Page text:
World Golf Championships Losing Some Sizzle
Even some of the players at the Bridgestone Invitational wondered who he was.
Instead of checking out his swing -- a dead giveaway that Kapur was a player -- they looked on his bag for a name.
That didn't help, either.
Kapur is a 24-year-old from New Delhi, polished and polite. He plays primarily on the Asian Tour, where his victory late last year in the Volvo Masters made him eligible for a World Golf Championship that included 48 of the top 50 in the world.
He checked in at No. 192.
But it's players like Kapur who make these different from run-of-the-mill PGA Tour events.
With so much money on the PGA Tour, and so much global competition everywhere from Torrey Pines to Warwick Hills, the identity of the World Golf Championships now comes from players no one can identify.
'There are a lot of guys I've seen this week that I didn't know who they were,' David Toms said. 'But that's part of world golf now. And it is a World Golf Championship. More power to them. If they can qualify, everybody else on our tour has a chance to qualify, too.'
A year ago, the mystery man was Mark Cayeux of Zimbabwe.
He qualified for Firestone by winning the Tour Championship in South Africa, and his first trip to America was unforgettable. He barely had found his locker when the pairings were released, and Cayeux was in the first group off No. 10 with Tiger Woods.
It wasn't nearly as nerve-racking for Kapur, nor was it his first trip to the United States.
'I spent four years at Purdue,' he said. 'I'm a Midwestern boy.'
How he got from India to Purdue is another story, although it was amusing to hear Shapur tell how he expected to go a few months during the winter with limited golf, only to find out his first year that the ground didn't thaw until April.
'It was a bit of a rude welcome,' he said with a laugh. 'But it was OK. I was able to catch up on my studies.'
Kapur kept a bad start from getting worse with birdies on his last three holes in the first round for a 72, but that was his best score of the week. He wound up at 13-over 293 and finished 65th out of 78 players, earning $35,000.
His next stop is the European tour, with the ultimate goal of joining the PGA Tour.
Chances are, you will hear from him again.
As for the international players with more cache -- Padraig Harrington, Colin Montgomerie, Thomas Bjorn, Trevor Immelman -- they have become part of the PGA Tour landscape.
And they don't stand out at the World Golf Championships the way they once did.
There were 25 international players who had their PGA Tour cards in 1999, the first year of the World Golf Championships. Now there are 69 foreign players on the PGA Tour
Prize money was $7.5 million at Firestone. It was $6 million at the Wachovia Championship.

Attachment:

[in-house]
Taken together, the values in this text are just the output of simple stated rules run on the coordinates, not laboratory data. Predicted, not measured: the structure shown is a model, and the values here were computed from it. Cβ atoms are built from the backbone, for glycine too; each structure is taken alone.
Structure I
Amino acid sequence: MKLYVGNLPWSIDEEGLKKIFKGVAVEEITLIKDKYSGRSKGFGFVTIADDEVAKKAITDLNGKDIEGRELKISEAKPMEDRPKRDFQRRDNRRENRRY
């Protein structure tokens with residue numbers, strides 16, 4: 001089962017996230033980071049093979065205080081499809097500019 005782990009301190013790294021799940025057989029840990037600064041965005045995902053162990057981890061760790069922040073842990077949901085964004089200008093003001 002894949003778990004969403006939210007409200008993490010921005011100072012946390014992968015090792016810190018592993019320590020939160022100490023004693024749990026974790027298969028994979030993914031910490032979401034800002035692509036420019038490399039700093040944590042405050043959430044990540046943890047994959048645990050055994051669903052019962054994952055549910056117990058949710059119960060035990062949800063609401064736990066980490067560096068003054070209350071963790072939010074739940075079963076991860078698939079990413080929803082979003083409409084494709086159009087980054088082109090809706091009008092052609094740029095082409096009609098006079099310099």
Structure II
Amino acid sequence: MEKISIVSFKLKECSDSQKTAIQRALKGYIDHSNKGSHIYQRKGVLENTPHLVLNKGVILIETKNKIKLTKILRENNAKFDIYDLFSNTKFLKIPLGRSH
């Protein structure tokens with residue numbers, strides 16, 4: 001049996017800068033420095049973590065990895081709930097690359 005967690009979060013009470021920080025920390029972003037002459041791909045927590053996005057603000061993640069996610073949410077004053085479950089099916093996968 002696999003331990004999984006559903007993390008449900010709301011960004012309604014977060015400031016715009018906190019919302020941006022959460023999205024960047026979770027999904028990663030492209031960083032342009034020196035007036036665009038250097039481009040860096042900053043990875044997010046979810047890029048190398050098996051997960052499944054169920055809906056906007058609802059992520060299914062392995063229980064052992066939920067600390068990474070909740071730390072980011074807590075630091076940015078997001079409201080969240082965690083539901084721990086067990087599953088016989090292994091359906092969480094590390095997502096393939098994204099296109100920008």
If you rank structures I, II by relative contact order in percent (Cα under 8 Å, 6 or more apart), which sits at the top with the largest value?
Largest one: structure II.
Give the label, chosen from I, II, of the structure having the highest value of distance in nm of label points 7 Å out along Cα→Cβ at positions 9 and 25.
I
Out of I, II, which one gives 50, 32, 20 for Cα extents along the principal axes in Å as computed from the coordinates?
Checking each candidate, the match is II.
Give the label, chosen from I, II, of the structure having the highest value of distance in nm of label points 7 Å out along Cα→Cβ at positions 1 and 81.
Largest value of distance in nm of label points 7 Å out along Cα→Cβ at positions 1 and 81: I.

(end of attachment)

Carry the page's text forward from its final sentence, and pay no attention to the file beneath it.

There are times when it's hard to tell the difference between the two.
Sure, the WGC events are top-heavy with the best players because at least the top 50 in the world are eligible for them. But with limited fields, that means fewer players for Woods to beat. And you have to wonder how hard some of them are trying, especially since there is no cut and the money is guaranteed.
Mark Hensby withdrew from the PGA Championship with a foot injury. A week later, he managed to tee it up in the Bridgestone Invitational, finished 19 shots behind and took home $39,500.
The acronym is WGC. Maybe it should be ATM.
The Bridgestone Invitational still feels important, for no other reason than Woods, Phil Mickelson, Ernie Els, Vijay Singh and all the best players were in the field. The buzz came from Woods winning his fourth straight tournament, and from a course like Firestone South, universally accepted as one of the best tracks on tour.
But the WGCs no longer feel as unique as they once did.
'We've got more top players here on a regular basis. Everybody in the world is wanting to get here,' PGA Tour commissioner Tim Finchem said. 'That has changed the face of the tour a little bit. The number of times during the year the vast majority of players are competing against each other is different than it was eight years ago. That was one of the purposes.
'From a player perspective, I could see why it's a little less unique,' he added. 'But that's what they wanted. Tiger talks about it all the time. We're getting our mission accomplished.'
Finchem sees no decrease in support or interest, and the 5.9 TV rating in the final round was the highest of any event this side of a major.
Woods says it's easy for him to get fired up for the WGCs because the best in the world are competing. Or maybe because it has become his annual annuity. He has played in 23 of them (including two World Cups) and earned more than $15 million.
The next one is the American Express Championship outside London the last week in September (Woods is the defending champion), and if the trend continues, expect a number of Americans to decide that's either too far away or too dangerous.
Next year, Amex becomes the CA Championship and will be played every year at Doral.
Think that won't look and feel like a regular PGA Tour event?
And with so much emphasis on the FedEx Cup next year, the WGCs are likely to slide even further into obscurity, notable only because of a large purse, a small field and players like Shiv Kapur.
Rosaforte Report: What makes Wise so good, while so young
Is Aaron Wise the real deal?
It may be too early to answer that question – or even make that proclamation; after all, the baby-faced 21-year-old had zero top-10s in his first 15 starts as a PGA Tour rookie. Now, one month after a missed the cut in the Valero Texas Open, Wise is being associated with phrases like “phenom” and “It kid,” thanks to a strong showing at Quail Hollow and a victory at Trinity Forest.
But that’s how it works in this transient time of golf, where there’s always room to join the party and become one of the guys hanging out with Rickie Fowler. You watch: Next we will see Wise playing practice rounds with Tiger Woods, next to Bryson DeChambeau. It would be the wise thing to do.